2. William Alderson, Halloween Science; The Truth about Trick or Treatment? by Simon Singh and Edzard Ernst (Stoke Ferry: Homeopathy: Medicine for the 21st Century, 2009), available at <http://www.hmc21.org/#/halloween-science/4535659799>.
3. Spence DS, Thompson EA, Barron SJ, ‘Homeopathic Treatment for Chronic Disease: A 6-Year, University-Hospital Outpatient Observational Study’, Journal of Alternative and Complementary Medicine, 2005, 11:793-798.
4. Donal McDade, Evaluation [of a] Complementary and Alternative Medicines Pilot Project (London: Department of Health, Social Services and Public Safety, 2008), available at Get Well UK website at <http://www.getwelluk.com/>, accessed 27 April 2009; full report at <http://www.dhsspsni.gov.uk/final_report_from_smr_on_the_cam_pilot_project_-_may_2008.pdf>.
5. Dr. Adrian Hunnisett, Homeopathy Service Survey (Cirencester: The Park Surgery, 2005).
6. Steinsbekk and R. Lüdtke, ‘Patients' assessments of the effectiveness of homeopathic care in Norway: A prospective observational multicentre outcome study’, Homeopathy, 94 (2005), 10-16, available at: <http://www.scopus.com/record/display.url?eid=2-s2.0-11844297403&origin=inward&txGid=79ie_u0p0cPFoTLkdzTDA2p%3a2>, accessed 14 February 2010.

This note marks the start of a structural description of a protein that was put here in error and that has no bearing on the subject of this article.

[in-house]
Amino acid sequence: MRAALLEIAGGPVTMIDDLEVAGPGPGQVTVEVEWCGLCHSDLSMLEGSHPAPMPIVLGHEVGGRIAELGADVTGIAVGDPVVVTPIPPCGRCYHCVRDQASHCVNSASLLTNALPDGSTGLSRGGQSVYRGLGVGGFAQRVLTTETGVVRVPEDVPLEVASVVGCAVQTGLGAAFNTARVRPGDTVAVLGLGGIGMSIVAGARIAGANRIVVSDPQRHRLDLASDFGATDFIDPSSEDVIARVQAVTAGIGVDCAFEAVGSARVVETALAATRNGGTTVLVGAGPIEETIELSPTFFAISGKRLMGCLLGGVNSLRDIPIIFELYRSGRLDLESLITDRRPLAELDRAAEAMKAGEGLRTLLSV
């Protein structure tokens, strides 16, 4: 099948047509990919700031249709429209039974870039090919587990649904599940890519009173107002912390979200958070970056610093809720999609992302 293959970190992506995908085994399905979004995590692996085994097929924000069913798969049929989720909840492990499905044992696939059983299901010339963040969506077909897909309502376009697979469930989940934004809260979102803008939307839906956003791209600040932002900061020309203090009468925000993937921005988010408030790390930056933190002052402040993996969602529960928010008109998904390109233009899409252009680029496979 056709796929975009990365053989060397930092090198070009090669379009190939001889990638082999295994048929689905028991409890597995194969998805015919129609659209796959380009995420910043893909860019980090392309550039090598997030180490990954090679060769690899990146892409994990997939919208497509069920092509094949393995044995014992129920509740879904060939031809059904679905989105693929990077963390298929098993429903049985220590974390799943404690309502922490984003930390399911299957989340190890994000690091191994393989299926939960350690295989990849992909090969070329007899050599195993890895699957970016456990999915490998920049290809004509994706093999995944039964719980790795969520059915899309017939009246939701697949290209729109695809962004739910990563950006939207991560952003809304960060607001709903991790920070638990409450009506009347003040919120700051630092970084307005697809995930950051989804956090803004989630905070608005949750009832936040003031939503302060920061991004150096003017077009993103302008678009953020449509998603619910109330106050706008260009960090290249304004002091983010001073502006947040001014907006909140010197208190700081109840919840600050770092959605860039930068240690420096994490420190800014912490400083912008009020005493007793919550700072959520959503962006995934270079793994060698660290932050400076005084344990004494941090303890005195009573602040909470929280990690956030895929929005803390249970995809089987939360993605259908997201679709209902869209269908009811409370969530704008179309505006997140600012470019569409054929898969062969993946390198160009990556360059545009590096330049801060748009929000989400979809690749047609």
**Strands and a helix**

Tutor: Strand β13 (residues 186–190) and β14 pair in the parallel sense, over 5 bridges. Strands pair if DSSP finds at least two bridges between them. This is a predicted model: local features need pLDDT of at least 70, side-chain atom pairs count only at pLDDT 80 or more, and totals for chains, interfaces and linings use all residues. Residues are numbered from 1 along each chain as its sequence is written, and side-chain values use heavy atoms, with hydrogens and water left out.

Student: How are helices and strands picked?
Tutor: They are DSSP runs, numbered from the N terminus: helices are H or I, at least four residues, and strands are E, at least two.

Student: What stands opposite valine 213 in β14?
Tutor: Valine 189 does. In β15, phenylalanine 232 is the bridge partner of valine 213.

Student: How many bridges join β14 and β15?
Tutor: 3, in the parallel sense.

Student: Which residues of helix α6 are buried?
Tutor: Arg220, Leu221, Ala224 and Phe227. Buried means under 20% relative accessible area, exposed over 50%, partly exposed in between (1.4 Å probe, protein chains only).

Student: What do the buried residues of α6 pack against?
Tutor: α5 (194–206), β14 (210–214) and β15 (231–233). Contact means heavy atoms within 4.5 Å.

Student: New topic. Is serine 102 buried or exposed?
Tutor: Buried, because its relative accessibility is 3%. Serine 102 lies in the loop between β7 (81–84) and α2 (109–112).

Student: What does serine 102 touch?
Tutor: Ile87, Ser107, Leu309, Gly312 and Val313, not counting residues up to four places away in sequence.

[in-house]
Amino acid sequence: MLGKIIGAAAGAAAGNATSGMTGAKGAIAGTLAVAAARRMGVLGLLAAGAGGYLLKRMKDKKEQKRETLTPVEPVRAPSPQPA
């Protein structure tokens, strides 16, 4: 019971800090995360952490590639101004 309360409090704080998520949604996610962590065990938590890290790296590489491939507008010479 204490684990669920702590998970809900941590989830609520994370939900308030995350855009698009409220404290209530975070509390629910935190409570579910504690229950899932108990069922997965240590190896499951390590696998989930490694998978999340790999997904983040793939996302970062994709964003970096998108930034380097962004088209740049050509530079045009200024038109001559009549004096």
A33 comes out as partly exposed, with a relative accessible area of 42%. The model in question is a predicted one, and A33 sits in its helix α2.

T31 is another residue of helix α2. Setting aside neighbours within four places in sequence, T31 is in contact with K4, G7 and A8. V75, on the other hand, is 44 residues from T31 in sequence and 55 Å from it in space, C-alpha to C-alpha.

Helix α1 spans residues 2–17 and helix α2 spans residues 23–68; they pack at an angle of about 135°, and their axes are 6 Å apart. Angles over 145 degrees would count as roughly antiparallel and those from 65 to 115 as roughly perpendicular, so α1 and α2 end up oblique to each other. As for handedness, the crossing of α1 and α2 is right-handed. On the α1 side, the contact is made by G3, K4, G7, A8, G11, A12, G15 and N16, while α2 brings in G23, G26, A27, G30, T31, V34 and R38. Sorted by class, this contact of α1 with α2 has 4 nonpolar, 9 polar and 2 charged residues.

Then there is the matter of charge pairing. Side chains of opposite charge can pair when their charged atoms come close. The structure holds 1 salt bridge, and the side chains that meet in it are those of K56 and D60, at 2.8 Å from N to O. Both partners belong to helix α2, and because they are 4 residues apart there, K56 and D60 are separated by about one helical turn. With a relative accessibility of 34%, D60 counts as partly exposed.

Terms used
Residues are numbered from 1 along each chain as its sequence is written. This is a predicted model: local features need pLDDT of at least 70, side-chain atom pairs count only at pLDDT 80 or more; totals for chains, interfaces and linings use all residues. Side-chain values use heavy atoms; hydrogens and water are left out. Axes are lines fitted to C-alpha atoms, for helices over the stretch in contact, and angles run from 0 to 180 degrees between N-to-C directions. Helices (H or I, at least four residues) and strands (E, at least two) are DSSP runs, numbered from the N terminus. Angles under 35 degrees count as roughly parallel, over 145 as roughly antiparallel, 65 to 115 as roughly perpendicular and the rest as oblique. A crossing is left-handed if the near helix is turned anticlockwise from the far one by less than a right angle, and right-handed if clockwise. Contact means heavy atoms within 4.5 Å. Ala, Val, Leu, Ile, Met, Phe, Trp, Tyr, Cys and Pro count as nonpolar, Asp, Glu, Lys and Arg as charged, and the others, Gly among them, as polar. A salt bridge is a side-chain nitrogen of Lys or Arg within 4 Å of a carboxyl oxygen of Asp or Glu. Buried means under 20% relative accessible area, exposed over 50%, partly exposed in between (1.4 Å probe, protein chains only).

7. Claudia M. Witt, Rainer Lüdtke, Nils Mengler, and Stefan N. Willich, ‘How healthy are chronically ill patients after eight years of homeopathic treatment? – Results from a long term observational study’, BMC Public Health, 8 (2008), 413, available at <http://www.ncbi.nlm.nih.gov/pmc/articles/PMC2630323/>
8. P Belon, J Cumps, M Ennis, P F Mannaioni, M Roberfroid, J Sainte-Laudy, F A C Wiegant, ‘Histamine dilutions modulate basophil activation’, Inflamm. Res., 53 (2004), 181-188.